Charterhouse to reveal secrets after 660 years

The Charterhouse, originally a 14th century monastery built on a Black Death plague pit in Clerkenwell, London, and later the house where Elizabeth I called her first Privy Council meeting and James I stayed before his coronation, is to be opened to the public for the first time in its history.

 

Later a school and then an almshouse, the Charterhouse still provides accommodation for 80 lay “brothers”.

Now, in partnership with the Museum of London, it is to have a new museum within its precincts that will tell the house’s story, and a new public entrance designed by the architect Eric Parry.

“I am thrilled that the partnership between the museum and the Charterhouse is proving so successful and that the Revealing the Charterhouse project is now a reality” said the Museum of London’s director, Sharon Ament. “We will be working even more closely with this remarkable site that has played such a key role in London’s history to ensure that it becomes an irresistible destination for visitors when it opens its doors to the public in the autumn. We are particularly looking forward to supporting the Charterhouse in creating an inspiring learning programme for thousands of school pupils from London and beyond.”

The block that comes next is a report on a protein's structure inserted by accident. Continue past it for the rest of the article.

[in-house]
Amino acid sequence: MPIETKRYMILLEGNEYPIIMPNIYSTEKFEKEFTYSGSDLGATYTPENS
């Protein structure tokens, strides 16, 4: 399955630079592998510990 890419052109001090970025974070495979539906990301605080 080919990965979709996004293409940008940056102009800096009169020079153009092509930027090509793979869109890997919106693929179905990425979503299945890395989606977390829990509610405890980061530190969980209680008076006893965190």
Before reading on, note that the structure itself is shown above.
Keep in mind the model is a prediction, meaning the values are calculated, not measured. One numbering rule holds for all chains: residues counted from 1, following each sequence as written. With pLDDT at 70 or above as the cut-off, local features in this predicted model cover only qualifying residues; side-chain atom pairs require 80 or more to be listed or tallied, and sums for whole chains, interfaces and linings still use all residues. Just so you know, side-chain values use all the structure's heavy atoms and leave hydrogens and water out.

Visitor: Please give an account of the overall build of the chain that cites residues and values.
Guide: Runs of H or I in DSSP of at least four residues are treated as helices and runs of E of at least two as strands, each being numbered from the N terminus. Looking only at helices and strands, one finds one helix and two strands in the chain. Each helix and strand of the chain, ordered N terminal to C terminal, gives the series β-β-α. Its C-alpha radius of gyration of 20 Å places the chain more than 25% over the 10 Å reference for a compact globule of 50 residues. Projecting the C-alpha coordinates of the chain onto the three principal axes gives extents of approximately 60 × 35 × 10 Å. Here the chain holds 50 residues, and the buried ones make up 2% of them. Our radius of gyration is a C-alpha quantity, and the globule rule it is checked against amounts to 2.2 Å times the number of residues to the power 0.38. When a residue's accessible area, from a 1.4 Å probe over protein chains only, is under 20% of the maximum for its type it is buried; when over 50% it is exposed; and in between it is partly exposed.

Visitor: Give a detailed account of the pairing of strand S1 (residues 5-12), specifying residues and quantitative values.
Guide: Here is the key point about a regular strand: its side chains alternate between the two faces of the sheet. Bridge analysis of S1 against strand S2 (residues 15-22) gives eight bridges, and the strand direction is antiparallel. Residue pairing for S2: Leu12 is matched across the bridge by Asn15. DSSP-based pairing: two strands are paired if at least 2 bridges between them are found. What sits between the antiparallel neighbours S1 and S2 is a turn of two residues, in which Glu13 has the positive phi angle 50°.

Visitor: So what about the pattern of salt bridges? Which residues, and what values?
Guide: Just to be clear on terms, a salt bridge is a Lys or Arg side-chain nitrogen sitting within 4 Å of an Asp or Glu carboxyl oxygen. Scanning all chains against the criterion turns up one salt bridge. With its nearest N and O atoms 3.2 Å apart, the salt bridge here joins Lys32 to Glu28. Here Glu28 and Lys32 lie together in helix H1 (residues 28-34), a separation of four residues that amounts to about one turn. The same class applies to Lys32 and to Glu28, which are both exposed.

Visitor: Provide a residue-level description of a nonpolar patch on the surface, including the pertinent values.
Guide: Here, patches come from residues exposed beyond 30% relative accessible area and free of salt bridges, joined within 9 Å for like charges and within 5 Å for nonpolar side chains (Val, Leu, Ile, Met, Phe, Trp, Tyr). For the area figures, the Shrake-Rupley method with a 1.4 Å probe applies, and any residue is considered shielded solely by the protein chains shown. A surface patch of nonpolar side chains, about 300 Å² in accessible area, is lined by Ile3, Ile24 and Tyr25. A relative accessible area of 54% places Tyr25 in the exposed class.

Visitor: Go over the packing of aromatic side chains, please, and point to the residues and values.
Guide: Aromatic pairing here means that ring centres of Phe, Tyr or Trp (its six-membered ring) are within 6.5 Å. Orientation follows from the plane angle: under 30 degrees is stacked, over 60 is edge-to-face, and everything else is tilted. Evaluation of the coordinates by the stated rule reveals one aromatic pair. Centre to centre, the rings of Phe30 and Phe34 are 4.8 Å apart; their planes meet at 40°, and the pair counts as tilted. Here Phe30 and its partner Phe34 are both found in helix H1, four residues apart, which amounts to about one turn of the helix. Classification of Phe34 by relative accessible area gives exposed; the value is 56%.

The Charterhouse will open to the public in November.

 

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